“I saw the light, I saw the light. No more in darkness; no more in night. Now I’m so happy; no darkness in sight. Praise the Lord, I saw the light!” Now that’s a blast from the past. But it’s an old Gospel song I remember fondly from my youth. And it expresses an ancient desire of we humans: We don’t like the dark!
Of course we do grow out of this, at least in theory! Still, there’s nothing worse than groping in the dark and stubbing your toe!
Darkness means we can’t use one of our primary senses to avoid obstacles, reach our destination, and observe our surroundings. Darkness impedes our ability to move, communicate, and to get our bearings. Darkness hides the world from us and us from the world. But, wait a minute, there is an “advantage” to darkness, isn’t there? Well, not so much an advantage, but a reason why we humans sometimes “like” darkness. Jesus said that people love darkness because their deeds are evil (see John 3:19). No wonder there are some “businesses” that prefer being down dark alleys. No wonder we humans seek out the concealment of darkness for our less than proper activities: we know our actions are wrong, so we hide. No wonder Adam and Eve kicked this all too human pattern off by hiding in the Garden when they heard God walking in the cool of the day (the Light). So, a sure cue that we are on a wrong path is when we are always hiding our actions!
But we were meant for light! We were meant to live in the light and to act in the light and to thrive in the light. Darkness makes our lives small and sequestered. Light opens our lives up to the wide possibilities of all of God’s good creation.
Look at our Gospel Lesson this morning in Luke 2:22-40:
At that time, the parents brought the child Jesus up to Jerusalem to present him to the Lord (as it is written in the law of the Lord, “Every male that opens the womb shall be called holy to the Lord”) and to offer a sacrifice according to what is said in the law of the Lord, “a pair of turtle doves, or two young pigeons.” Now there was a man in Jerusalem, whose name was Symeon, and this man was righteous and devout, looking for the consolation of Israel, and the Holy Spirit was upon him. And it had been revealed to him by the Holy Spirit that he should not see death before he had seen the Lord’s Christ. And inspired by the Spirit he came into the temple; and when the parents brought in the child Jesus, to do for him according to the custom of the law, he took him up in his arms and blessed God and said,
“Lord, now let your servant depart in peace,according to your word;for my eyes have seen your salvationwhich you have prepared in the presence of all peoples,a light for revelation to the Gentiles,and for glory to your people Israel.”
And his father and his mother marveled at what was said about him; and Symeon blessed them and said to Mary his mother, “Behold, this child is set for the fall and rising of many in Israel, and for a sign that is spoken against (and a sword will pierce through your own soul also), that thoughts of many hearts may be revealed.” And there was a prophetess, Anna, the daughter of Phanuel, of the tribe of Asher; she was of a great age, having lived with her husband seven years from her virginity, and as a widow till she was eighty-four. She did not depart from the temple, worshiping with fasting and prayer night and day. And coming up at that very hour she gave thanks to God, and spoke of him to all who were looking for the redemption of Jerusalem. And when they had performed everything according to the law of the Lord, they returned into Galilee, to their own city, Nazareth. And the child grew and became strong, filled with wisdom; and the favor of God was upon him.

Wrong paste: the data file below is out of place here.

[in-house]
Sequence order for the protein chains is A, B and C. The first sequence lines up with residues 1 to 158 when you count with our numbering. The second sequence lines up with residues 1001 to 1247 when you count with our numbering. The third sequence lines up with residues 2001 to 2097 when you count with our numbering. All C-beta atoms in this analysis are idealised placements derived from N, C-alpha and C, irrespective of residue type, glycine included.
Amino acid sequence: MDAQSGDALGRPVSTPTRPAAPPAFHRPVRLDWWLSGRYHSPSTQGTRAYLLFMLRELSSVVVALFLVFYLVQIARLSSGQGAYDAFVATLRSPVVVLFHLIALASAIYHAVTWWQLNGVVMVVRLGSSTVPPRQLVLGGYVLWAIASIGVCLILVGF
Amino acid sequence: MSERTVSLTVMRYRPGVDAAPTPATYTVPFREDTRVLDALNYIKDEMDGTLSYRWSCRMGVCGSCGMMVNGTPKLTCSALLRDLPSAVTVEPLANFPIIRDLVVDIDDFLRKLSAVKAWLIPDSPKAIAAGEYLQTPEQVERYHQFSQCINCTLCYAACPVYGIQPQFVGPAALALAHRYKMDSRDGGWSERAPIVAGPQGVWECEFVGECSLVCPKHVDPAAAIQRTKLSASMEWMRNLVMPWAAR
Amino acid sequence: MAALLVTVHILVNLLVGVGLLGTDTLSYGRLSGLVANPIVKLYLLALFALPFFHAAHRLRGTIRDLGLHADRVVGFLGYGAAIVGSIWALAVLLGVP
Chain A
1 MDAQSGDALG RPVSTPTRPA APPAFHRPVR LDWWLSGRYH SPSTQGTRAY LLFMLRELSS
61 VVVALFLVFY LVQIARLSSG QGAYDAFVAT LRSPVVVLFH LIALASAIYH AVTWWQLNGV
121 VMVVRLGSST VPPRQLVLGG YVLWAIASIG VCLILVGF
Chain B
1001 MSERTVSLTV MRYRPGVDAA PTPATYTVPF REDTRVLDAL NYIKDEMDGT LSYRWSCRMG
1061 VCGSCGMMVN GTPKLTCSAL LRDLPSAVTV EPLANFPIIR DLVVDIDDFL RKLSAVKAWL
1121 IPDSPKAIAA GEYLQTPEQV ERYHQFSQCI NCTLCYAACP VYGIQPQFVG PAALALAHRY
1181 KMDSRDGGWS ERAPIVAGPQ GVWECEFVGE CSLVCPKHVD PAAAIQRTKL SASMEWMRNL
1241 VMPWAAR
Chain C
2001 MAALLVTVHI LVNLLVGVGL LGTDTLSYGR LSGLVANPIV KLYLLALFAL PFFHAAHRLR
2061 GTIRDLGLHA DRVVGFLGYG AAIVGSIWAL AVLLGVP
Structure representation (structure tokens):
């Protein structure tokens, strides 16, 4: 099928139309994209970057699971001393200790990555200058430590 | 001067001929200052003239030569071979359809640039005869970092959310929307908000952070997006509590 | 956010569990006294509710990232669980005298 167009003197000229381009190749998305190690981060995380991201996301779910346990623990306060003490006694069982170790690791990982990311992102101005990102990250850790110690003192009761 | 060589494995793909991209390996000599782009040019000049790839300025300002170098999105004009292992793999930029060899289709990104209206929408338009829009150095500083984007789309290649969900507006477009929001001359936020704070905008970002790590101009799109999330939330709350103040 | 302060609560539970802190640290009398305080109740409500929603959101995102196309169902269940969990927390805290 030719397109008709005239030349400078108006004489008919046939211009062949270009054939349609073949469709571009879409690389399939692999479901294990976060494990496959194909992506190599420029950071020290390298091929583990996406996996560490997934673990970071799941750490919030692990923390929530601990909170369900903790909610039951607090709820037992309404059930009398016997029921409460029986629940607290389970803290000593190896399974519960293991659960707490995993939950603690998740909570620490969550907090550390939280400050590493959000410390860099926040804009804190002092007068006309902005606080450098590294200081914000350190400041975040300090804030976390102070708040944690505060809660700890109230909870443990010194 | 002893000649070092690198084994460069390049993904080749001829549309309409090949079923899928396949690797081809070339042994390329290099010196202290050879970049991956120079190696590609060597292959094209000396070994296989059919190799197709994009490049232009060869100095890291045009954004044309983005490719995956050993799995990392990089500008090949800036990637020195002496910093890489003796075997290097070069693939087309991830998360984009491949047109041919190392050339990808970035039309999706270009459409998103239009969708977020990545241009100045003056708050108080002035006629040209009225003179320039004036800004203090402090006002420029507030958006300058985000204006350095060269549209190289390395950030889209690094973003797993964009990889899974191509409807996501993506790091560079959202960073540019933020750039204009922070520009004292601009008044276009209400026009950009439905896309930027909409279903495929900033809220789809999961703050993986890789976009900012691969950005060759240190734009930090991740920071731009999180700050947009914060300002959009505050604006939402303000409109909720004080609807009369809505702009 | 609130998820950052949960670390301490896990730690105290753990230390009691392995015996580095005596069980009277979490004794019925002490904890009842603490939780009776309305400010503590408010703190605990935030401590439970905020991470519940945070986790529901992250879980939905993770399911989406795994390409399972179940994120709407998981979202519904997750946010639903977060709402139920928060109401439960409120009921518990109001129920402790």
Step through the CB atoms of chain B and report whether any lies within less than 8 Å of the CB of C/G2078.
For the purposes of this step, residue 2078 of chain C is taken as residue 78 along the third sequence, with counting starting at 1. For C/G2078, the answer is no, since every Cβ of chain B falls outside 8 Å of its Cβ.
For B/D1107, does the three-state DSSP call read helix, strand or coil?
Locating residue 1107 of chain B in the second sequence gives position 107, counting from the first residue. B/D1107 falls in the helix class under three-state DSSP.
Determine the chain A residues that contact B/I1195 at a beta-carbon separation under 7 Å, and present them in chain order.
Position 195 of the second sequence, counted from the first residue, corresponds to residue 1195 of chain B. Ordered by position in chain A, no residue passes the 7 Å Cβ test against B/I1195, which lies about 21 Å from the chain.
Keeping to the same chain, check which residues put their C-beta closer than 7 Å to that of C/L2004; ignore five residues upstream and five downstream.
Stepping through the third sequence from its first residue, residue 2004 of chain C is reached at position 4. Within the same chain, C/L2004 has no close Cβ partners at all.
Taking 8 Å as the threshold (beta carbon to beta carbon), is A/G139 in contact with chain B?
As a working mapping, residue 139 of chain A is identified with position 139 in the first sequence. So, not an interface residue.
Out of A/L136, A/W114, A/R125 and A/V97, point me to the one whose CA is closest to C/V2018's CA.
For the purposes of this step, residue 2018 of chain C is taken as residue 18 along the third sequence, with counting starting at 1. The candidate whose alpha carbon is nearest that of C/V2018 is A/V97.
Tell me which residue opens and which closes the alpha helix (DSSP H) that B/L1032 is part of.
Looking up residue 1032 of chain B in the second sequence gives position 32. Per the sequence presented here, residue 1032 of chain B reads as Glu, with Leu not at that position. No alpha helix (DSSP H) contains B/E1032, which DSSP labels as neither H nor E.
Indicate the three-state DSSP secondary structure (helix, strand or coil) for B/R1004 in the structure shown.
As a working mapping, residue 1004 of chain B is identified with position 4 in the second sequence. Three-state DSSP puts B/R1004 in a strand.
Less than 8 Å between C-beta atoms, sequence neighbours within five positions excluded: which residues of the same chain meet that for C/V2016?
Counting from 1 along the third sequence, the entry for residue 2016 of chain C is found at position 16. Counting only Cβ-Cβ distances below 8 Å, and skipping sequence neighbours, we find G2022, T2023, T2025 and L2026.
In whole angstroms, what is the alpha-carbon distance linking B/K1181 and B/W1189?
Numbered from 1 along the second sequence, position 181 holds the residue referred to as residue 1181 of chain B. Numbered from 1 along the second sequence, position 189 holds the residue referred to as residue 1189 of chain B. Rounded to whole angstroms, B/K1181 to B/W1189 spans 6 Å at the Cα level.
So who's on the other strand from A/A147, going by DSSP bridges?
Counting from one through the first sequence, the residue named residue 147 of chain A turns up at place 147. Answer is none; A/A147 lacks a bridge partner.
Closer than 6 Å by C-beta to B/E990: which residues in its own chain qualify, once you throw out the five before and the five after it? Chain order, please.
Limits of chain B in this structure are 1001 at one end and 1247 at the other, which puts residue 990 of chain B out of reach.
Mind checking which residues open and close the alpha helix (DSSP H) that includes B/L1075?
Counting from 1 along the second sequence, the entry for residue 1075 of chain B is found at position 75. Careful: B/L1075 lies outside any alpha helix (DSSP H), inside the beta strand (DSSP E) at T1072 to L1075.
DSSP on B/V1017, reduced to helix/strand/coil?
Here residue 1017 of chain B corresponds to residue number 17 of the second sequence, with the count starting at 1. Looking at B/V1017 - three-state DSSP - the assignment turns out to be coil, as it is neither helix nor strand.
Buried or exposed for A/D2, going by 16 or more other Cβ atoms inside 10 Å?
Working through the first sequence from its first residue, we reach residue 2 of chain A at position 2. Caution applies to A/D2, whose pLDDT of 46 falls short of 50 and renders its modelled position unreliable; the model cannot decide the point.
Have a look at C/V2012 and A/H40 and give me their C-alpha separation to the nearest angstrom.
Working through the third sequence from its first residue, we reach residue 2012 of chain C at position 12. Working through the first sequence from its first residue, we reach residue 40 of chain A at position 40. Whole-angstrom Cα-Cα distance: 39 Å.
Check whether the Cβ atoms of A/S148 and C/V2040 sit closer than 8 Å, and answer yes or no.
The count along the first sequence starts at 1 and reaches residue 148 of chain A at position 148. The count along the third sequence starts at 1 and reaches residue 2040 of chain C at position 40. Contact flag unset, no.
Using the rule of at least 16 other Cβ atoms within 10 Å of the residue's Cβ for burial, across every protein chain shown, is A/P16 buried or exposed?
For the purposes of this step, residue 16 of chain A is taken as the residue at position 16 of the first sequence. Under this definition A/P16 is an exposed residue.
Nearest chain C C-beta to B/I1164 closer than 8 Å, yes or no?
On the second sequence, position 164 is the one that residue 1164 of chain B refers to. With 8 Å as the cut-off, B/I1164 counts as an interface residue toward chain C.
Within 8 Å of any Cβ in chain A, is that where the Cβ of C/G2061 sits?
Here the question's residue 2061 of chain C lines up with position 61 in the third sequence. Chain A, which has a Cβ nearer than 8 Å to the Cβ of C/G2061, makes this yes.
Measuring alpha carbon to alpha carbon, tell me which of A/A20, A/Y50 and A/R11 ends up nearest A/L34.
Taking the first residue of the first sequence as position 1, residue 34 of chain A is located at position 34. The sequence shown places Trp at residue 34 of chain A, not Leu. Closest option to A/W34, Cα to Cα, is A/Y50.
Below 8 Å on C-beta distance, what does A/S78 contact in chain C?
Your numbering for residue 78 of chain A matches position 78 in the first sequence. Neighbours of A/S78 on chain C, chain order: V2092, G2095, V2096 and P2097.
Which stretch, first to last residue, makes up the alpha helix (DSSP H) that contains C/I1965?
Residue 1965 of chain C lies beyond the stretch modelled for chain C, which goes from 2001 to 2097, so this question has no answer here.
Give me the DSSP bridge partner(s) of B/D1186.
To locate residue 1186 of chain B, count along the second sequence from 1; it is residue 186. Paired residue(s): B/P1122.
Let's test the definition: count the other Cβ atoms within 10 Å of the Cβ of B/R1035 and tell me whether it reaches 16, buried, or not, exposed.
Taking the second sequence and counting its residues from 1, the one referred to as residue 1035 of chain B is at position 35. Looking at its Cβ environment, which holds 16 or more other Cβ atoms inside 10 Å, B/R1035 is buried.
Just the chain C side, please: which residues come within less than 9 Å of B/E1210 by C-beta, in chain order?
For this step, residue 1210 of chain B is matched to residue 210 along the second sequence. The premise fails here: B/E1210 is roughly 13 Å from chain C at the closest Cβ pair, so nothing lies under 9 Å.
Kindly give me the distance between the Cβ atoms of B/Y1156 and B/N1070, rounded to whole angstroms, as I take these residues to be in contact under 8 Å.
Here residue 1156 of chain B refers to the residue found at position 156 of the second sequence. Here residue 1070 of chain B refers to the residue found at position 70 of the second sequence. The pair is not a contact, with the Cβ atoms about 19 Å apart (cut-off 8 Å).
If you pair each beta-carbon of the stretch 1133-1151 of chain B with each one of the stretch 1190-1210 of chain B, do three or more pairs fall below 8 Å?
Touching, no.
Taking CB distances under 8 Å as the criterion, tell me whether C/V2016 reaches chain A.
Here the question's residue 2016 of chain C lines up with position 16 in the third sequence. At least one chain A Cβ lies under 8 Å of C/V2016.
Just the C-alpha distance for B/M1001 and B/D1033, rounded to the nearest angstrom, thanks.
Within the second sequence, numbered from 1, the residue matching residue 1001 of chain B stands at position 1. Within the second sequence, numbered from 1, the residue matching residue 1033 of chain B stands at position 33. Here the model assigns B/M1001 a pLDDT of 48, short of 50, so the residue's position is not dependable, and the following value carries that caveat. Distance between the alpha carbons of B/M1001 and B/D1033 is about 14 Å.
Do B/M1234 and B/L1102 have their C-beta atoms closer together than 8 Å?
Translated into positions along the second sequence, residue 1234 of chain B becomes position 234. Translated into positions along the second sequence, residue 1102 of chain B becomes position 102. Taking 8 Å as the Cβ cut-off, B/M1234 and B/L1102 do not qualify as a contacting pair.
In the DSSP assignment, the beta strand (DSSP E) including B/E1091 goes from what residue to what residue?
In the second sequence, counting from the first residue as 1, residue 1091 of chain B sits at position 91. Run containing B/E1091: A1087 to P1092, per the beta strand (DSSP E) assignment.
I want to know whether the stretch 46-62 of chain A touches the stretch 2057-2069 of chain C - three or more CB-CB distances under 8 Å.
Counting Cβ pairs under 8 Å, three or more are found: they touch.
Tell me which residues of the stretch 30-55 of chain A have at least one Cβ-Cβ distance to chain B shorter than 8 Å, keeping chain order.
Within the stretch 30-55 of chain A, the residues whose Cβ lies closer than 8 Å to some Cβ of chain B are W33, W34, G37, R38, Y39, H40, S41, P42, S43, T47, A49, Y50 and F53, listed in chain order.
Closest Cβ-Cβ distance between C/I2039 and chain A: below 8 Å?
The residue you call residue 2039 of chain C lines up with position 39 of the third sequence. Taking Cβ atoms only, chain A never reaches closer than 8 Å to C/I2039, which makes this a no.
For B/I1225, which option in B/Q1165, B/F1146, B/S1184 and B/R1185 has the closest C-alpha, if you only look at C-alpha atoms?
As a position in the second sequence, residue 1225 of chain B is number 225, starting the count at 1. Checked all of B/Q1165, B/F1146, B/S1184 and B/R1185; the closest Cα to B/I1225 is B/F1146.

St. Simeon declares that he can finally “depart in peace” because he had seen the Lord’s salvation and it was a “light of revelation” to the nations (the Gentiles) and the glory of the people of Israel. This “light of revelation” is such a powerful phrase because it bears the eternal wisdom of God’s loving kindness to all His creation. This “light of revelation” is a true and real dawn of freedom, hope, and love, especially for those who have lacked the blessing and benefits of being the People of God who had had all the wisdom of the prophets, the holy scriptures, and the worship of the Jewish people. This “light of revelation” now extends God’s wisdom and love to every person in the world and offers even the “stranger” and the “Gentile” the blessings of being the People of God. This “light” reveals God’s intentions and His love for every person. No wonder we pray this very prayer of St. Simeon at every evening Vespers service. No wonder we bask in God’s light even in times of darkness.
Today, are you able to “see” the light of God shining on your life? Does His Light keep you from stumbling over the pitfalls of your everyday existence? At every liturgy, in every wise spiritual discipline of the Faith, during every Church season, the Faith once for all delivered to the saints invites you and me to step into the “light of revelation” and avoid tripping in the darkness of our own smallness. It’s time to bask in the light given to us freely by our God Who loves us more than we, ourselves, will ever love. It’s time to be Orthodox on Purpose.
P.S. Have you shared these daily devotionals with someone else? When you share these devotionals, you partner with us in spreading the word about our beautiful faith. This willingness to share your greatest treasure, your faith, is another spiritual discipline that will help you be Orthodox on Purpose. Share this with someone today and encourage them to share it as well.